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Nothing levels up a beverage like a colorful piece of fruit, veggie, herb, or flower frozen in a perfectly clear cube. Whether you want to make an extra special cocktail or just fancy up some lemonade, it’s like having a little work of art right there in your glass. But there’s more to making ice than you might think—Leslie Kirchhoff wrote a whole book about it: Disco Cube Cocktails: 100+ Innovative Recipes for Artful Ice and Drinks. Here are her clear cube tips and tricks, adapted from the book. You’re just one tray away from being a total ice queen. –Lisa Butterworth

Clear Ice 101     
First things first: No amount of boiling or filtering will give you perfectly clear ice in everyday ice trays. The only way to get these truly translucent beauties is with an insulated ice mold. These freeze water in one direction, allowing the water molecules to form perfect bonds only with other water molecules, while pushing impurities (which cause clouding) and air bubbles out. It takes longer than traditional freezing (24-plus hours), but it’s worth it. 

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The Mold Type

Wintersmiths molds (wintersmiths.com) are the clear ice gold standard, but the setup is pricey—$120 and up for a base plus interchangeable cube, sphere, or long spear molds. Their molds are closed on top, which keeps buoyant objects submerged while freezing. My wallet-friendly pick is the Clear Ice Cube Tray by True Cubes ($45, truecubes.com), which makes four 2-inch cubes at a time, but its open-top design limits what you can freeze inside.

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What to Freeze
This is a way to showcase ingredients at their finest. Freezing changes the texture of fruits and veggies though, so they’re only for admiring, not eating. You can freeze pieces of fruit, tiny veggies like peppers, sprigs of herbs, or even edible flowers. Try changing up each cube with a different placement or number of elements to keep things interesting.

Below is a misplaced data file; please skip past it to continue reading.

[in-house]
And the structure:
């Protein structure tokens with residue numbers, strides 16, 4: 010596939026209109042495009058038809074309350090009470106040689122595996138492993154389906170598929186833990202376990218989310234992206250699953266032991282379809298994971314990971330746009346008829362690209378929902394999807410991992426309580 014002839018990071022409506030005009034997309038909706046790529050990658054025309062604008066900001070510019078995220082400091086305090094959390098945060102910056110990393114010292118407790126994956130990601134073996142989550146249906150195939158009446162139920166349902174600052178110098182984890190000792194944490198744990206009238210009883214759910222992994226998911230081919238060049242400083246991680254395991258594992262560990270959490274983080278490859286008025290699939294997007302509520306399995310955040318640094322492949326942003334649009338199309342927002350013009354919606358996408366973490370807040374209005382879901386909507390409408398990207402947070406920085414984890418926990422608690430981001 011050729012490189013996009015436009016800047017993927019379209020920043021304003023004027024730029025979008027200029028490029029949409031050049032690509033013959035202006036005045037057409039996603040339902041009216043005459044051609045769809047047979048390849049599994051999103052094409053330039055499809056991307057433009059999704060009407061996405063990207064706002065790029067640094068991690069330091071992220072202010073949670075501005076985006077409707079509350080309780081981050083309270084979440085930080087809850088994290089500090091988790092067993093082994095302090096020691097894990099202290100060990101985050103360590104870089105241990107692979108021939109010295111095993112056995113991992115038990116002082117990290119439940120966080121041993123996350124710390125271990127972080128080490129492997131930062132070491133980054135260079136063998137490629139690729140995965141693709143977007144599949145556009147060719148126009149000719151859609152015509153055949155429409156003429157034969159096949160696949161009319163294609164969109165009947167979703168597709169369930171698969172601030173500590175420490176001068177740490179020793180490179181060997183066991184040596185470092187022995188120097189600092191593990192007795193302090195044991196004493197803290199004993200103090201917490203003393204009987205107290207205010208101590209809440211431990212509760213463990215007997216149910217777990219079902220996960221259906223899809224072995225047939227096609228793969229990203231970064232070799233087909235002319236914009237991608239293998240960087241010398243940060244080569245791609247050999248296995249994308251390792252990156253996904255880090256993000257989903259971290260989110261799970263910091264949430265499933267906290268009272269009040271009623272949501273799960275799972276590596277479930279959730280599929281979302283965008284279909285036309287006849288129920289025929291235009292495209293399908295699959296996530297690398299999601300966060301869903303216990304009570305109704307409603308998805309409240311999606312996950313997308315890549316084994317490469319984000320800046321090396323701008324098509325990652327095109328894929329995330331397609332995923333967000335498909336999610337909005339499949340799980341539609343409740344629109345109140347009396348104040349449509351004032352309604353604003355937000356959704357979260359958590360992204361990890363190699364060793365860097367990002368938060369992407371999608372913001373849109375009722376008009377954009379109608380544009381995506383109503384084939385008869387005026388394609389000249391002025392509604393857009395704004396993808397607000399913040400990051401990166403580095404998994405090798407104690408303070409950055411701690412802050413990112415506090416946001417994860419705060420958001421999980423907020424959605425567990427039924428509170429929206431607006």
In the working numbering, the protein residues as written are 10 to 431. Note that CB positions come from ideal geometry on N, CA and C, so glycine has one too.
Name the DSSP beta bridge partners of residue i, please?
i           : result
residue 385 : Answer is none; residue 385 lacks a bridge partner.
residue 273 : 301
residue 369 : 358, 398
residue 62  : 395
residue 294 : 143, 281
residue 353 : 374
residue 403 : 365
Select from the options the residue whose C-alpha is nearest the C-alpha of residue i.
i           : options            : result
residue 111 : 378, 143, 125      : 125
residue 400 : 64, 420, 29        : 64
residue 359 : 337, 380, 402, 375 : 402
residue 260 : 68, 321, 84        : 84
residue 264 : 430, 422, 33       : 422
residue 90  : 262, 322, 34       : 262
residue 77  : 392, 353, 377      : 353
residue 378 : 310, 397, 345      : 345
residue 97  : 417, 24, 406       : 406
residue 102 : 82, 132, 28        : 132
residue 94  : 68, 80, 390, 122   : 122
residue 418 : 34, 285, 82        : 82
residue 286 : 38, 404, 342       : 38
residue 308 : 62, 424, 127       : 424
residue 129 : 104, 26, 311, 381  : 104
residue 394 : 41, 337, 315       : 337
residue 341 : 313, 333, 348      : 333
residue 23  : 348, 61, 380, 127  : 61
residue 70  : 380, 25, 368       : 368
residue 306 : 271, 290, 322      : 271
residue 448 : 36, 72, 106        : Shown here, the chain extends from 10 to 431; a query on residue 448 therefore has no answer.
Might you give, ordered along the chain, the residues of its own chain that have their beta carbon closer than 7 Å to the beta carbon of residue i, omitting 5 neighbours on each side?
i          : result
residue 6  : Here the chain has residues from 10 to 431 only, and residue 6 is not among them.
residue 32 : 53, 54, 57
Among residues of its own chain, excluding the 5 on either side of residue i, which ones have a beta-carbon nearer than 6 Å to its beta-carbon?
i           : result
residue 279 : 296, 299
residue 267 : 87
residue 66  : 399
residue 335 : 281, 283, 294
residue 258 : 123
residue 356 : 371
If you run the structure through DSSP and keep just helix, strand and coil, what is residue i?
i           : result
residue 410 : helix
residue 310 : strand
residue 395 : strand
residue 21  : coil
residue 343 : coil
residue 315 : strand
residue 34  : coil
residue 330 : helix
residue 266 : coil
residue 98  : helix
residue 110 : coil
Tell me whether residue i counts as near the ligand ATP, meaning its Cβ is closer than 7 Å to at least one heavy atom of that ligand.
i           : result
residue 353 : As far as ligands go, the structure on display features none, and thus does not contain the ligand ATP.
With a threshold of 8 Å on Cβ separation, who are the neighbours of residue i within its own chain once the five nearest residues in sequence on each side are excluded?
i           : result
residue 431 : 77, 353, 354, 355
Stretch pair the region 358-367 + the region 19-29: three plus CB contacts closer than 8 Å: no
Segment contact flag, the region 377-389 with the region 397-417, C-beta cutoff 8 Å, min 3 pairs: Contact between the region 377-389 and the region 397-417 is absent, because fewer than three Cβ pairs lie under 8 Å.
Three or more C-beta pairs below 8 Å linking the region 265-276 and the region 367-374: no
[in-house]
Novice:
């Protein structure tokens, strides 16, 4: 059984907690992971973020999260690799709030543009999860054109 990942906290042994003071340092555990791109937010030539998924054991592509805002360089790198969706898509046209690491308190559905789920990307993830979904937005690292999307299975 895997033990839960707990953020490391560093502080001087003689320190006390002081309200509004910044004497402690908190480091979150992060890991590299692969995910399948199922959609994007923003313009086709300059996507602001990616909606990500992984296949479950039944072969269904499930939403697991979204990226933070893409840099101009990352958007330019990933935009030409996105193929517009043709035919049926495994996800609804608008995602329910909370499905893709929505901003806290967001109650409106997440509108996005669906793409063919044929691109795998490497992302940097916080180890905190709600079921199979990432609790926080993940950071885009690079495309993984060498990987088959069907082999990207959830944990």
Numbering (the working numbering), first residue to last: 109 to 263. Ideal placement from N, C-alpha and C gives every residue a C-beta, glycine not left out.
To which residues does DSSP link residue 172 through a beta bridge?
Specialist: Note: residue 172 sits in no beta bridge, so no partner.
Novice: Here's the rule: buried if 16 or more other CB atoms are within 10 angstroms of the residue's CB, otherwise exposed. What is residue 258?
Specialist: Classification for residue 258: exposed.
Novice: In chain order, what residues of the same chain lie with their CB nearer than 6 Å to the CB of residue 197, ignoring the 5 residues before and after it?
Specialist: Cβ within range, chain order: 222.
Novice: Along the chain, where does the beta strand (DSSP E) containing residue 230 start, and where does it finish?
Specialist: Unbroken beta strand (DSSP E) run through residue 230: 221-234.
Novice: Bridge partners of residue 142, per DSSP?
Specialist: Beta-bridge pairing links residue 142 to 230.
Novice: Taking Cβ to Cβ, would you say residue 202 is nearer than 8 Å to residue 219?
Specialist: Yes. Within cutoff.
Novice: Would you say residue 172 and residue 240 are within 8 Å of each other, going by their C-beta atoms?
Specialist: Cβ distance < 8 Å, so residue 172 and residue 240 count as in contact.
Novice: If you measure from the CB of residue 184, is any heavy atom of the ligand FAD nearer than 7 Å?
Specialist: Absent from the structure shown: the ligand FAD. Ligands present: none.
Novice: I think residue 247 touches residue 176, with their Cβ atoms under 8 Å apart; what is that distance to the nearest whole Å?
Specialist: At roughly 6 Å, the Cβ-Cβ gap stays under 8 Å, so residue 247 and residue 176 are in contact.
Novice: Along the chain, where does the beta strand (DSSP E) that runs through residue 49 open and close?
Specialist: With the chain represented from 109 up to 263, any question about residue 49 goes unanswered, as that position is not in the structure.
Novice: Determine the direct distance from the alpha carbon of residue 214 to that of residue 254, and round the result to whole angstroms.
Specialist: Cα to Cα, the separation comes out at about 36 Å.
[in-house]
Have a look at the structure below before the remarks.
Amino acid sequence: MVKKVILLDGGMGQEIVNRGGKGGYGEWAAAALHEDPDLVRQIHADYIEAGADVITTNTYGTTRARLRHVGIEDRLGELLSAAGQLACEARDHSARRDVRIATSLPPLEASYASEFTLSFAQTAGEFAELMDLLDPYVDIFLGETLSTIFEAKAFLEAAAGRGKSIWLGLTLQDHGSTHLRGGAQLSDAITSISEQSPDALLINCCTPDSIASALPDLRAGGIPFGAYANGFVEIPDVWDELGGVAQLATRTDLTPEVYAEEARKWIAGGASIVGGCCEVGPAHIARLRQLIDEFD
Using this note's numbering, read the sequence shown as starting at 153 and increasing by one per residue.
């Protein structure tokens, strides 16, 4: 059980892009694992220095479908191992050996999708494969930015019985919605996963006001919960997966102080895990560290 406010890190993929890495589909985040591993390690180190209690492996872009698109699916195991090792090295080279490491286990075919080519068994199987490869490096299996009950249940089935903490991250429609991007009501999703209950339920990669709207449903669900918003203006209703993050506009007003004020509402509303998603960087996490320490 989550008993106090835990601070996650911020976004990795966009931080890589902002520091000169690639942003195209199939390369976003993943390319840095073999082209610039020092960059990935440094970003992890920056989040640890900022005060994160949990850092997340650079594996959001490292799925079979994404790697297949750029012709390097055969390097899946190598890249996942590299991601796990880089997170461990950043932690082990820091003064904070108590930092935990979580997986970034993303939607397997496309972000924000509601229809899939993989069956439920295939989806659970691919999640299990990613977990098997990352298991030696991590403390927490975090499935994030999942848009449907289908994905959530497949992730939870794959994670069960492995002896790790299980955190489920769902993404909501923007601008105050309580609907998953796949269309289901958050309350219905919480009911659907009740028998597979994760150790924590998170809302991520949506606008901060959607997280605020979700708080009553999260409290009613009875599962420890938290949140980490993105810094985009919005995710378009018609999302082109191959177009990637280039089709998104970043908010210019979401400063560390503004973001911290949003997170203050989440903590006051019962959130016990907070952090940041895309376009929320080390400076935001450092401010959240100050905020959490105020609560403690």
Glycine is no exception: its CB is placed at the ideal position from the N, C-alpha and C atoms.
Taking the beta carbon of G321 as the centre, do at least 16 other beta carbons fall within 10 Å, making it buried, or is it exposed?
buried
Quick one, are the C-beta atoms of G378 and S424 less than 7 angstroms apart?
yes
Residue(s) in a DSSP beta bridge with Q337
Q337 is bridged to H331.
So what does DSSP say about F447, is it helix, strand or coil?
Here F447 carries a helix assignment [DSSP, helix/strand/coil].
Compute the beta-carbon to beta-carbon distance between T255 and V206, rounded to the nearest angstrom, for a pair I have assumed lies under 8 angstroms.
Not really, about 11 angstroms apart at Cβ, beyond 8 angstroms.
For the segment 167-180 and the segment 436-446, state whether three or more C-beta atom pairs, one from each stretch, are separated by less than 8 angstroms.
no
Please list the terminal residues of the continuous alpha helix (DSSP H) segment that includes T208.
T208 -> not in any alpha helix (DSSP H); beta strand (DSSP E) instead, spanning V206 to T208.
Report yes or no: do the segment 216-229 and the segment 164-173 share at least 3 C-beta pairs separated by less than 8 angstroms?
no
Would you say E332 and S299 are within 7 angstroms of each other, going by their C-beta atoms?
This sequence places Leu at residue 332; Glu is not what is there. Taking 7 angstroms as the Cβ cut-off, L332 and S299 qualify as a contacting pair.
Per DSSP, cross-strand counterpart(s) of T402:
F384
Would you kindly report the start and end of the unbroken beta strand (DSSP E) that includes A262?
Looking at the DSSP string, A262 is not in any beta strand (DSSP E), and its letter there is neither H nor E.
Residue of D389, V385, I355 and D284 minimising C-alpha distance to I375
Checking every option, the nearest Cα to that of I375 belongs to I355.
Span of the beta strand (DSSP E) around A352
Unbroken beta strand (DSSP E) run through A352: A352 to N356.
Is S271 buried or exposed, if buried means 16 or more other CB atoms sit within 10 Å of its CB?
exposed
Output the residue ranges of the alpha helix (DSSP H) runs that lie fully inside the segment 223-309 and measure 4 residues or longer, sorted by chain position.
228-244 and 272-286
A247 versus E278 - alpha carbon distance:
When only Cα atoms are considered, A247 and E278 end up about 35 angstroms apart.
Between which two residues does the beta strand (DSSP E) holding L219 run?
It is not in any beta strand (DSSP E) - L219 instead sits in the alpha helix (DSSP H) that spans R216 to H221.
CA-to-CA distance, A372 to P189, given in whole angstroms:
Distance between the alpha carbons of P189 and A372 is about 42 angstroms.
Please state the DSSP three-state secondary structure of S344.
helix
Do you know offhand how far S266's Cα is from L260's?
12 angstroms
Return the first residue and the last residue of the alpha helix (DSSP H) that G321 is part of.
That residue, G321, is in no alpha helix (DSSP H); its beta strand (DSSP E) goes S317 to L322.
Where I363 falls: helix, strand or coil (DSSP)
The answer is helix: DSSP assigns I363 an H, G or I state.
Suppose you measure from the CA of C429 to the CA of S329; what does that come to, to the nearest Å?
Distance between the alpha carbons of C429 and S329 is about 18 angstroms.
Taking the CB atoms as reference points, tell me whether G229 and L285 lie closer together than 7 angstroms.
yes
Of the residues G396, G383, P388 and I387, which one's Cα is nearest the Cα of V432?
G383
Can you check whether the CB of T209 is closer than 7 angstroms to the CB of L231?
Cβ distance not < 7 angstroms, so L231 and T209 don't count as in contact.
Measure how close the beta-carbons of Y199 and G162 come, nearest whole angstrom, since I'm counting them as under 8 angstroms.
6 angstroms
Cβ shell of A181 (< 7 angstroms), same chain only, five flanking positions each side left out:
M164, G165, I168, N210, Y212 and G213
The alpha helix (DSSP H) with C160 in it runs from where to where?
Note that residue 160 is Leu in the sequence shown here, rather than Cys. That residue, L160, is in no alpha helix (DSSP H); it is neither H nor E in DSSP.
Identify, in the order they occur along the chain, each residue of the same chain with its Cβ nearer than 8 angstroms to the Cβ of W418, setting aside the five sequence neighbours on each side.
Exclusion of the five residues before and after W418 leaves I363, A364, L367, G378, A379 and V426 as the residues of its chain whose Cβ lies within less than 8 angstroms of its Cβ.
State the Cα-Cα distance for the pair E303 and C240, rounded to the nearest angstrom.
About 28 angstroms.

For citrus wheels or peels, first place them into a small heatproof glass measuring cup. Add just enough warm water to cover. Stir and let sit for 5 minutes to release any liquid, wax, or oils. Strain and repeat one more time. 

When freezing edible flowers, point them down so they’re facing the center of the cube, instead of freezing against an edge.

Gleaming the Cube

To smooth out lumpy tops or other imperfections on cubes, cut off any big extrusions with a knife. Then, holding the cube in your hand, run one side of it along a room-temperature sheet pan for 1 to 2 seconds; repeat for each side. For spheres, hold with a smooth microfiber cloth and remove the seam with a sharp paring knife, rotating as you go. Work quickly so they don’t melt! After perfecting a cube or sphere, wipe off any excess moisture with a microfiber cloth and immediately place it back in the freezer on a flat surface to “dry.” You can store them in resealable freezer bags for up to two months. 

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Quick Temper

Before putting your clear ice in a drink, let it sit at room temperature for at least a few minutes, or until the surface begins to melt and no longer appears frosted or your carefully crafted cubes will crack.

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Makes 4 cubes. The limes and cherries can be replaced with any edible element, the process remains the same. 

4 small lime wheels

4 fresh cherries

2-inch clear cube mold

Place 1 cherry and 1 lime wheel in each compartment of the mold. Fill the mold with water and freeze until solid, about 30 hours. Remove the cubes from the mold, polish them, and keep frozen until ready to use.

Makes 1 cocktail

Place 1 Cherry Lime Cube into a double Old-Fashioned glass to temper for about 2 minutes. In a cocktail shaker filled with plain ice, combine ¾ oz. each gin, green Chartreuse, Luxardo Maraschino liqueur, and freshly squeezed lime juice. Cover, shake for 15 seconds, then double strain the drink into the glass.

Photos: Leslie Kirchhoff; Stylist: Shelby Kay

This article originally appeared in BUST's Summer 2021 print edition. Subscribe today!

 

Lisa Butterworth is BUST’s West Coast editor, soaking up the eternal sunshine in Los Angeles. She’s probably eating a taco right now. 

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